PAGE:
Vendredi 19 février, 15h00, DS-1950
Abstract : I argue that Clark and Chalmers’ (1998) parity principle and the various criteria they use to define cognition are too conservative. On a more liberal vehicle externalist view we should extend the concept of the extended mind to include engagement with social and cultural institutions. I discuss problem solving using the legal system as an example. I also respond to specific objections that have been raised against the extended mind hypothesis.
Bio : Shaun Gallagher is Professor of Philosophy and Cognitive Sciences at The University of Central Florida, where he is also a member of the Senior Research Faculty at IST, a research institute focused on simulation and modeling. He serves on the graduate faculty of UCF’s Text and Technology Program, and on the Humanities research faculty at the University of Hertfordshire (UK). He has held visiting positions at the Medical Research Council’s Cognitive and Brain Science Unit at Cambridge University, the Danish National Research Foundation Center for Subjectivity Research at the University of Copenhagen, the Ecole Normale Supériure in Lyon, and (in 2009-2010) the Centre de Recherche en Epistémelogie Appliquée (CREA), Paris. He is Editor of Phenomenology and the Cognitive Sciences, an interdisciplinary journal published by Springer. His research interests include phenomenology and the philosophy of mind, philosophical psychology, embodiment, intersubjectivity, hermeneutics, and the philosophy of time. Professor Gallagher has accepted the Lillian and Morrie Moss Chair of Excellence at the University of Memphis Department of Philosophy, starting in Fall 2011.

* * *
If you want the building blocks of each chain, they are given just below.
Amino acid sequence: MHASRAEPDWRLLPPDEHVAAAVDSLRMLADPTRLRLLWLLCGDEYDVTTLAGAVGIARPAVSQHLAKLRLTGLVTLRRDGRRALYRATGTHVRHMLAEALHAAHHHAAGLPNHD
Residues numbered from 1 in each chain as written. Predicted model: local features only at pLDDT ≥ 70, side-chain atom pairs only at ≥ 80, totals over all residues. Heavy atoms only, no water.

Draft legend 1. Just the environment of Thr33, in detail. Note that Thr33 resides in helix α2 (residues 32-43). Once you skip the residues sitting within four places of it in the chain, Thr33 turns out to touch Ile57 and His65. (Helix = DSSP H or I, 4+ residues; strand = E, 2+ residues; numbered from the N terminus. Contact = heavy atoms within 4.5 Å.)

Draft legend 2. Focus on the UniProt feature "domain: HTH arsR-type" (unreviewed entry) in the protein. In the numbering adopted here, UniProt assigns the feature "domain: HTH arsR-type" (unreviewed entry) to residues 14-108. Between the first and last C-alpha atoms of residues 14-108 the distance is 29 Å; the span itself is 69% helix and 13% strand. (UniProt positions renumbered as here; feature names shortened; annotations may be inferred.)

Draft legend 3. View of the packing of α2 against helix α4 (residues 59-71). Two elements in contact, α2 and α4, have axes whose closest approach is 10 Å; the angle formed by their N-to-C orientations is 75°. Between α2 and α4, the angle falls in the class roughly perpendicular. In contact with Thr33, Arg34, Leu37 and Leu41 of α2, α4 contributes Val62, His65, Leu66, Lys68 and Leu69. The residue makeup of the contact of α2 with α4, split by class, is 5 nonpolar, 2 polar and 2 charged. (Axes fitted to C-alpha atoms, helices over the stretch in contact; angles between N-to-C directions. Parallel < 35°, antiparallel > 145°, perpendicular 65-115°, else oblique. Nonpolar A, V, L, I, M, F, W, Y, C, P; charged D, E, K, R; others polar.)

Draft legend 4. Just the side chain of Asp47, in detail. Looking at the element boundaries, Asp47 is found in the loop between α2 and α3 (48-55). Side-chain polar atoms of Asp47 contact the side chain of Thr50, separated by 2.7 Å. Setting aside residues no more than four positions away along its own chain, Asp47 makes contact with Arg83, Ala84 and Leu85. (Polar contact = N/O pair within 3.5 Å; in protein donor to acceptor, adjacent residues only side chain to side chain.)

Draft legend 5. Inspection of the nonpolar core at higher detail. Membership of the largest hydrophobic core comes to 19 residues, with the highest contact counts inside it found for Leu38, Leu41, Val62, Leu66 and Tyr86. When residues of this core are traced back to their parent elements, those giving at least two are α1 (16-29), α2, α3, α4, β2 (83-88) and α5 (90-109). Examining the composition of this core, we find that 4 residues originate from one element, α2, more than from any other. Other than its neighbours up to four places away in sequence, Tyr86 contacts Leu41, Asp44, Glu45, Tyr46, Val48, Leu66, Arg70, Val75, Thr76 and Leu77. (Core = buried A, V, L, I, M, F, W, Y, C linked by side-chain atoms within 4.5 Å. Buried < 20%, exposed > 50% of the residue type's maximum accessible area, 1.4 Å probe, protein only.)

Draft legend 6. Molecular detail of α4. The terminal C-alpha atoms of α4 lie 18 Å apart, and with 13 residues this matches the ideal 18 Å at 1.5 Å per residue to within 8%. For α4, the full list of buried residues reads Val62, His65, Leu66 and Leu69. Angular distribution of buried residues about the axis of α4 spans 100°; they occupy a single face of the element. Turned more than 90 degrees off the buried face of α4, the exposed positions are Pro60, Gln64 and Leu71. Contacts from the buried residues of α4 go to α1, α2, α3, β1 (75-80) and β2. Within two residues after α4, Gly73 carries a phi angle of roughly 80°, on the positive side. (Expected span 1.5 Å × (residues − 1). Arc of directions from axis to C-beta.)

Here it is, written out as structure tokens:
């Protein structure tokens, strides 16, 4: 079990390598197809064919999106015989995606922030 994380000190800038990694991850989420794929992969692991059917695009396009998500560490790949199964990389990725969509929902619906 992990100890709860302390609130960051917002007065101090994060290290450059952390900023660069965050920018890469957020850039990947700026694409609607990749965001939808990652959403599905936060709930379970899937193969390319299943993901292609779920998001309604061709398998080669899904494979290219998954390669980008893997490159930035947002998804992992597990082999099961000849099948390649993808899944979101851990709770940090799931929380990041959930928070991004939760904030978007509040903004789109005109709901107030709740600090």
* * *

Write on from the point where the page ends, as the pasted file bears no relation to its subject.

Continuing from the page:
Shaun Gallagher’s web page